The campy Off-Broadway musical Reefer Madness has made much out of getting stoned — and true to form, many critics stoned it. As such, the tuner will close Oct. 28, just three weeks after its Oct. 7 opening.
Christian Campbell, Gregg Edelman and Michele Pawk lead the cast of the cult film-based musical spoof at Off-Broadway's Variety Arts Theatre. The closing opens the way for the nostalgic musical Summer of `42, which last week announced plans to start previews at the Variety Arts Dec. 11 and open there Jan. 10, 2002.
Reefer Madness was scheduled to begin previews Sept. 15 but changed its start, owing to the Sept. 11 terrorist attack on lower Manhattan's World Trade Center, to Sept. 18. The show ends after 23 previews and 25 regular performances.
The campy musical comedy, with music by Dan Studney, lyrics by Kevin Murphy, and a book by the duo, has, by most accounts, a Little Shop pop-style score. The show is based on a 1936 film drama that was meant as a cautionary tale to keep young people away from marijuana. Over the years, the movie's exaggerated acting, ham-fisted dialogue, one-sided viewpoint and medically questionable storyline turned it into a cult favorite of grade-Z movie lovers — not to mention potheads, who'd line up for midnight showings and watch the flick through a vale of smoke and a pile of munchies.
James Nederlander, Jr. is the lead producer, co-producing with Verna Harrah, in association with Nathaniel Kramer. Designing the show are Walt Spangler (set), Dick Magnanti (costumes), Robert Perry (lighting) and Lew Mead (sound). David Manning serves as musical director. Reefer Madness lit up the West Coast, winning five Ovations, including Ensemble and Best Musical in a Small Theatre; and seven L.A. Drama Critics Circle Awards, including outstanding production (a tie with Interact's The Cherry Orchard), Musical Score, Lead Performance (for Campbell). Direction and Choreography.
Director Andy Fickman was again tapped to roll Reefer, with pop star Paula Abdul again signed on as choreographer. A winner of two Emmys, Abdul has supervised dance work on the Oscars, "The Tracy Ullman Show" and such films as "Jerry McGuire" and "Coming to America."
Christian Campbell, who starred in the L.A. mounting of Madness, will again play Jimmy, the clean-cut kid who takes one toke of weed and plunges into a maelstrom even Dennis Hopper would fear. Anna Karenina and City of Angels star Gregg Edelman co-stars, alongside Seussical's Michele Pawk, who plays Mae, "Hostess of the Reefer Den." Also in the cast are Kristin Bell, John Kassir, Erin Matthews, Robert Torti, Roxanne Barlow, Andrea Chamberlain, Robert Gallagher, Jennifer Gambatese, Paul Leighton, Michael Seelbach and Molly Zimpfer.
Asked about the content of Reefer Madness, producer Nederlander told syndicated columnist Cindy Adams (July 2), "It's a cross between Little Shop of Horrors and `Leave It To Beaver.'" He also mentioned that the show's original cast recording will be released by DreamWorks.
In a Playbill On-Line Brief Encounter interview, actor Edelman praised director Fickman's openness throughout the rehearsal process: "What's so great about Reefer Madness is that although it had a really successful run in L.A., Andy [Fickman], our director, is saying, `Listen, I know we had a really successful production in L.A. But everybody here is free to create this show from scratch.' That makes you very comfortable with coming into a project that had another life. You don't want to feel that you're just being plugged in. For example, today I came up with some sort of pratfall; they were laughing hysterically and so happy I'd come up with something that funny. It brings the whole company closer together."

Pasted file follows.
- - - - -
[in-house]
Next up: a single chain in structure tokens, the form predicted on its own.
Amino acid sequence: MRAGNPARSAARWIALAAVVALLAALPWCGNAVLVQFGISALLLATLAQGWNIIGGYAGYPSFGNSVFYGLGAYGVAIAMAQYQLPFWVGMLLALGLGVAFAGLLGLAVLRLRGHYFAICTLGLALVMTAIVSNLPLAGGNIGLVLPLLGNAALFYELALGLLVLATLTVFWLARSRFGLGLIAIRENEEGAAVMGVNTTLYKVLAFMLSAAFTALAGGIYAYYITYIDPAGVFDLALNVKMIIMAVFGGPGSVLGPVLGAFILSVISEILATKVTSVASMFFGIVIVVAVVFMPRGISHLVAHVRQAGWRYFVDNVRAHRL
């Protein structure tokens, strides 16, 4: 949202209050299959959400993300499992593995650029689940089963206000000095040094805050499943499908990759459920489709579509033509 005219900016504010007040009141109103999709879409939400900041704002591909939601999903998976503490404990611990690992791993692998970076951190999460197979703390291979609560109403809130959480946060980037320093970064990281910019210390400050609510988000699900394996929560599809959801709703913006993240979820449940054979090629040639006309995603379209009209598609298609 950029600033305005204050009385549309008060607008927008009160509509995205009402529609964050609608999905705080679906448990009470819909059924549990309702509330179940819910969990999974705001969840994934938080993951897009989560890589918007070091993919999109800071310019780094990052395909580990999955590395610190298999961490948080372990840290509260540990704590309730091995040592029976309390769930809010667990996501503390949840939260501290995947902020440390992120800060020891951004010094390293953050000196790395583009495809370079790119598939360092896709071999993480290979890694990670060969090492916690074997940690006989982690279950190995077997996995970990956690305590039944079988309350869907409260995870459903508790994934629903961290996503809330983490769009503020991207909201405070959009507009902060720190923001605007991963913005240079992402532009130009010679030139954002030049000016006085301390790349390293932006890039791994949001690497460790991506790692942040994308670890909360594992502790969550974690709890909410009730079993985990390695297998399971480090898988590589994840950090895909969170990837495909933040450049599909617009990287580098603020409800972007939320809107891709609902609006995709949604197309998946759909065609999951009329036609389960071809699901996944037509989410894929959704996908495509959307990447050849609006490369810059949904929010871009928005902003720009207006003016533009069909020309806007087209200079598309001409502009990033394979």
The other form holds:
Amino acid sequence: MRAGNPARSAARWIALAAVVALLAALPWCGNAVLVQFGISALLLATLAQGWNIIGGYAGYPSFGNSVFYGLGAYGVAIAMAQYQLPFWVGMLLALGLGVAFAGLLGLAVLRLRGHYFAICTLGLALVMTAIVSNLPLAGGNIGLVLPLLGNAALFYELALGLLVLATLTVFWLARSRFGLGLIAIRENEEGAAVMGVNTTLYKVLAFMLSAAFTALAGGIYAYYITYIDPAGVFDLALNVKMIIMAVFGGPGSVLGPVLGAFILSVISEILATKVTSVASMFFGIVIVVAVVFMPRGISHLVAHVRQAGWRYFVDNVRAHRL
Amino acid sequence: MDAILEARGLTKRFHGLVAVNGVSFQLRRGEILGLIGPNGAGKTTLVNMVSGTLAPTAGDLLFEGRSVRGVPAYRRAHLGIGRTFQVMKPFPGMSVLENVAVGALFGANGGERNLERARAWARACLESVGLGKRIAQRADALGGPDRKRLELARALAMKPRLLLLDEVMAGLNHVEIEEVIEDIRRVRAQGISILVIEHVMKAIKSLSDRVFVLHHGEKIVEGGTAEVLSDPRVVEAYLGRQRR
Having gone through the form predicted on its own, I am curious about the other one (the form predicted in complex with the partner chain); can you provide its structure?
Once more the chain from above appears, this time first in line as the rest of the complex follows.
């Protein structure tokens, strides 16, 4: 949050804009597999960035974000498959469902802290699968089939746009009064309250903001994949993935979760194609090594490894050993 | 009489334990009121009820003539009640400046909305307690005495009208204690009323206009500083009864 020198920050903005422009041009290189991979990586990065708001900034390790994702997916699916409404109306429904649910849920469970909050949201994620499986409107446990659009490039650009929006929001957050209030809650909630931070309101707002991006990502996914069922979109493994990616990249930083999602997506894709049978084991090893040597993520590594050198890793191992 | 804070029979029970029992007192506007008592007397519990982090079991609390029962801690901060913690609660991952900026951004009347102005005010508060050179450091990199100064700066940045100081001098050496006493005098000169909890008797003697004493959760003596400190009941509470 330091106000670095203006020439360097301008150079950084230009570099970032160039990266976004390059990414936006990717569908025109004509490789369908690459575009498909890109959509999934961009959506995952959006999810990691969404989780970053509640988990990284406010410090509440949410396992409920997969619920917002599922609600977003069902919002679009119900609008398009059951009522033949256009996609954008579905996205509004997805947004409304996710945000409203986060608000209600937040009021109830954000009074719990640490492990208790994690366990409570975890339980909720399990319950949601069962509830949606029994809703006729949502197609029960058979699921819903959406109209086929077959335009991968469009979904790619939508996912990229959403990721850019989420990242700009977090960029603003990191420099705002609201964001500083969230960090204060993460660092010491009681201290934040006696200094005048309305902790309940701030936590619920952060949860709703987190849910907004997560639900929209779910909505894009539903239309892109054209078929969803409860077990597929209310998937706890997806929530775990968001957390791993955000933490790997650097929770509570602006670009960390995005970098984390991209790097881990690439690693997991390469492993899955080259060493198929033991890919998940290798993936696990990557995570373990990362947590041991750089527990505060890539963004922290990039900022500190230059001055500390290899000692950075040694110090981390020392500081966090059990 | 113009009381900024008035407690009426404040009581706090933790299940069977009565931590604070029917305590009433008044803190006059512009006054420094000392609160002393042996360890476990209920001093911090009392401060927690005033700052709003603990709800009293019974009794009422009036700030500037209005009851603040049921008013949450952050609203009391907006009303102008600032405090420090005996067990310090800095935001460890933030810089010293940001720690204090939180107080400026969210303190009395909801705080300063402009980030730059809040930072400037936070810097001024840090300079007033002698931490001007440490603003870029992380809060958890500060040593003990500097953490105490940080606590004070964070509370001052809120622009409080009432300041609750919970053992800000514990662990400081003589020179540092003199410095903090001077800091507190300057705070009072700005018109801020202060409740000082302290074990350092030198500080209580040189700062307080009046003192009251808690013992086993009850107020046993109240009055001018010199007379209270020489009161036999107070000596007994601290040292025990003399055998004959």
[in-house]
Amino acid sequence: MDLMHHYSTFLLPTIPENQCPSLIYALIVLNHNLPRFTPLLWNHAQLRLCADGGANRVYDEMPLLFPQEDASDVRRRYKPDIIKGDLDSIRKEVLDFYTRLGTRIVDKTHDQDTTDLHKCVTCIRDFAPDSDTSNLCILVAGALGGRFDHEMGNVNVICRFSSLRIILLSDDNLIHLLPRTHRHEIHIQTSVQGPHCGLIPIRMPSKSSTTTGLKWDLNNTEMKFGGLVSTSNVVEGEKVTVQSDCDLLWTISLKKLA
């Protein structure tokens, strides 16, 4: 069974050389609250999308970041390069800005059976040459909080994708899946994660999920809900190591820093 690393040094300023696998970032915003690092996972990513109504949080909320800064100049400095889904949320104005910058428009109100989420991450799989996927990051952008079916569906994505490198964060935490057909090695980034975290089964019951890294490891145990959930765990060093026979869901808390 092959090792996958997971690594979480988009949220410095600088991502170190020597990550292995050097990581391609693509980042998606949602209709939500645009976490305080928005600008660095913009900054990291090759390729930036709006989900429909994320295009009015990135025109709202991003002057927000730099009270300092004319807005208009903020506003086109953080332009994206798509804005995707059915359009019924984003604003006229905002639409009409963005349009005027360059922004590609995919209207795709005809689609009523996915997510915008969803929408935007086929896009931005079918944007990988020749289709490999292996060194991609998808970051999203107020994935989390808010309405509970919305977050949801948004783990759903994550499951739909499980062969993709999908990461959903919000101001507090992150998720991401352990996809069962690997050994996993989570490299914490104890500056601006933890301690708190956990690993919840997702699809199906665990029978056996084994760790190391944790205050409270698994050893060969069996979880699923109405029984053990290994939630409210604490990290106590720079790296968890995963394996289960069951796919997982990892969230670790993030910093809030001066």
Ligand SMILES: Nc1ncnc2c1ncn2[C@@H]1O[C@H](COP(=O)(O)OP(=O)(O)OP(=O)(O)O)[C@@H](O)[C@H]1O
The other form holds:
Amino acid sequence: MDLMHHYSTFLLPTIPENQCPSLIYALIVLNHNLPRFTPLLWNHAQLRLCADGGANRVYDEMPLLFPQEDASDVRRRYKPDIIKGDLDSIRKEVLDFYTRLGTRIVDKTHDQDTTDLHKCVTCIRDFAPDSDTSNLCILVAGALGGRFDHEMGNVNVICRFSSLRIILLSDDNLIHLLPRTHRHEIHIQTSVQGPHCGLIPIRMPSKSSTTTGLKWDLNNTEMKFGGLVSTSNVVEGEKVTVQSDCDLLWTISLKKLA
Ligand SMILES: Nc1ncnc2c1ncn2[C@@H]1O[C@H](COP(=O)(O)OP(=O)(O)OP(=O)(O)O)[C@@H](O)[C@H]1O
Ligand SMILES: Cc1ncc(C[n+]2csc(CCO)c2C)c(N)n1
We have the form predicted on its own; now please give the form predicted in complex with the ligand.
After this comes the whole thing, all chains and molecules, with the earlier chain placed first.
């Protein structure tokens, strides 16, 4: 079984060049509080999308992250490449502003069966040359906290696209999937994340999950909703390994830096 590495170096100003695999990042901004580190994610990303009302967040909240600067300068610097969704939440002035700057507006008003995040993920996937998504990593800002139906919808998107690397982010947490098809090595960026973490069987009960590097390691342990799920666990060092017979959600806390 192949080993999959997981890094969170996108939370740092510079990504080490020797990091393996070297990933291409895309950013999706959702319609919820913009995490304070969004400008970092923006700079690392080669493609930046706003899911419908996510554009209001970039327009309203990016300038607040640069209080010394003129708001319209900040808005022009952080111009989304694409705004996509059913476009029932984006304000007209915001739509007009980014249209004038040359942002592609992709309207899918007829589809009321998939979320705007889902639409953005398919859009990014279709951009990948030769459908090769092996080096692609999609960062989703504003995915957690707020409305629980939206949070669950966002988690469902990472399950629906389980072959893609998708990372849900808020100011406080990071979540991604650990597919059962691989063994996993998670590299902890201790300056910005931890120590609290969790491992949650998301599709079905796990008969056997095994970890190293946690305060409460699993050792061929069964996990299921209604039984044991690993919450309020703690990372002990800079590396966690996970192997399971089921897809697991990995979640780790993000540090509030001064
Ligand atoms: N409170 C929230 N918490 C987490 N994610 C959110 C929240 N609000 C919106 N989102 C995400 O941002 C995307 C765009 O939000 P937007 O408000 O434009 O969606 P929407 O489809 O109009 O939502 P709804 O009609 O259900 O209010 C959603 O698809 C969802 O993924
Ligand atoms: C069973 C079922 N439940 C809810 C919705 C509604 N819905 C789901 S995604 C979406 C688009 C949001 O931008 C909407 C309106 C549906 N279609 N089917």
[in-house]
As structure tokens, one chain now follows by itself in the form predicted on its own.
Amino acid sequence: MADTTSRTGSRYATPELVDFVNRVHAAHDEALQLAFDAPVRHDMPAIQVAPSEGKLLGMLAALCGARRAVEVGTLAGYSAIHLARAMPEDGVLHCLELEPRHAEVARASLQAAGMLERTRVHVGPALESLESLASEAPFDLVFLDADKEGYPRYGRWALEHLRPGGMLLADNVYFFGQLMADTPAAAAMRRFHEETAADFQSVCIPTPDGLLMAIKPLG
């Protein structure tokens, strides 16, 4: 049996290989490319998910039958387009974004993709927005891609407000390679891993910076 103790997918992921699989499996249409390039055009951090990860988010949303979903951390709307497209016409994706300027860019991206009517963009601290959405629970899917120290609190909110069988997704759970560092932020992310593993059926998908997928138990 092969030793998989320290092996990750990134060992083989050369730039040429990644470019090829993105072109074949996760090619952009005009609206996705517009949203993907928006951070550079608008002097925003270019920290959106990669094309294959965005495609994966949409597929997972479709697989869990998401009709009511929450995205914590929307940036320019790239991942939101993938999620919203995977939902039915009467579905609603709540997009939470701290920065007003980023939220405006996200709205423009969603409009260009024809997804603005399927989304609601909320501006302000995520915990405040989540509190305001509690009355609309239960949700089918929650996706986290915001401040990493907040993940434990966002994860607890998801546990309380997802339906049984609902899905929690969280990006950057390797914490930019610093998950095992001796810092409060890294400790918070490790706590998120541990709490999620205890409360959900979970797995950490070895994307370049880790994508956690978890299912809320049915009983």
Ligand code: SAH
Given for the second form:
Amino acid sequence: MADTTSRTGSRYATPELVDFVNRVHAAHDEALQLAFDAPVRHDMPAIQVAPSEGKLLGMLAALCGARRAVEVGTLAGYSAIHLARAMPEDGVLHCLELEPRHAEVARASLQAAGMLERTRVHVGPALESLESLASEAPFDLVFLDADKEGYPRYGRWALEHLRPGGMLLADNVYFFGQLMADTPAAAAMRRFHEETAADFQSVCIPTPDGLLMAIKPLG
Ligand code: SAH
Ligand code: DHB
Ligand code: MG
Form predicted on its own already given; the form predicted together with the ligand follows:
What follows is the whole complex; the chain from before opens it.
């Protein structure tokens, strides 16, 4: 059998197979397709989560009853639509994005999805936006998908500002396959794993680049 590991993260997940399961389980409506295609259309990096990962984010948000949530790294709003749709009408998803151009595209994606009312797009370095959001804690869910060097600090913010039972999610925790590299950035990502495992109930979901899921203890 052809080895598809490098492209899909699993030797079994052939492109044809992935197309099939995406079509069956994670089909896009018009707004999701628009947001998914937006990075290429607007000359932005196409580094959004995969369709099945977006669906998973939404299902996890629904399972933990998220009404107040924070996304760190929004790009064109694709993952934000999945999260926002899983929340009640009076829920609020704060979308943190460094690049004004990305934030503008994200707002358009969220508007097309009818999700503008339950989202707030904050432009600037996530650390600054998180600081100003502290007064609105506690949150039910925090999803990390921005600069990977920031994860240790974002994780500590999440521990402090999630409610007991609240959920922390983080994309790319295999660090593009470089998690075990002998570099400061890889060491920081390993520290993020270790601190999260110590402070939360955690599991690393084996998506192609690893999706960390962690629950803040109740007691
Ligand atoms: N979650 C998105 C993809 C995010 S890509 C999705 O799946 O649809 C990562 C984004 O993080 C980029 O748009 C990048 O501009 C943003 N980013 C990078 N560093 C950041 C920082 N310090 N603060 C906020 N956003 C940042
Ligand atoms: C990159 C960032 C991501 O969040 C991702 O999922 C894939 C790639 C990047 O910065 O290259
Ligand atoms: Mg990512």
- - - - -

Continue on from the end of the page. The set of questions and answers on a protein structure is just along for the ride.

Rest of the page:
According to production spokesperson Richard Kornberg, the also came together to dismiss protests by the Musicians Union over the use of non union musicians in the show. Local 802 had filed a complaint with the National Labor Relations Board over the producers allegedly screening out musicians with union credits, with the producers paying the Reefer band 25 percent less than the members would get at other shows at the Variety Arts. But, said Kornberg, producer Nederlander's contractual deal with the American Federation of Musicians deals only with his Broadway shows and not his first Off-Broadway venture.
One Local 802 flyer read: "Shame on the producers of Reefer Madness. For years the professional musicians of Local 802 have fattened the wallets of the Nederlanders with Broadway performances that draw crowds from all over the world. Now the Nederlanders are using this wealth on an expensive union-busting lawyer to help them discriminate against union musicians... Boycott Reefer Madness."
"They have no jurisdiction here," Kornberg told PBOL. "They come with their leaflets and the big rat... The cast all posed in front of it, and the police unblew the rat."
For tickets ($20-$60) and information on Reefer Madness at the Variety Arts Theatre, 110 Third Ave., call (212) 239-6200. After every Thursday night performance, the original "Reefer Madness" movie is screened.
—By David Lefkowitz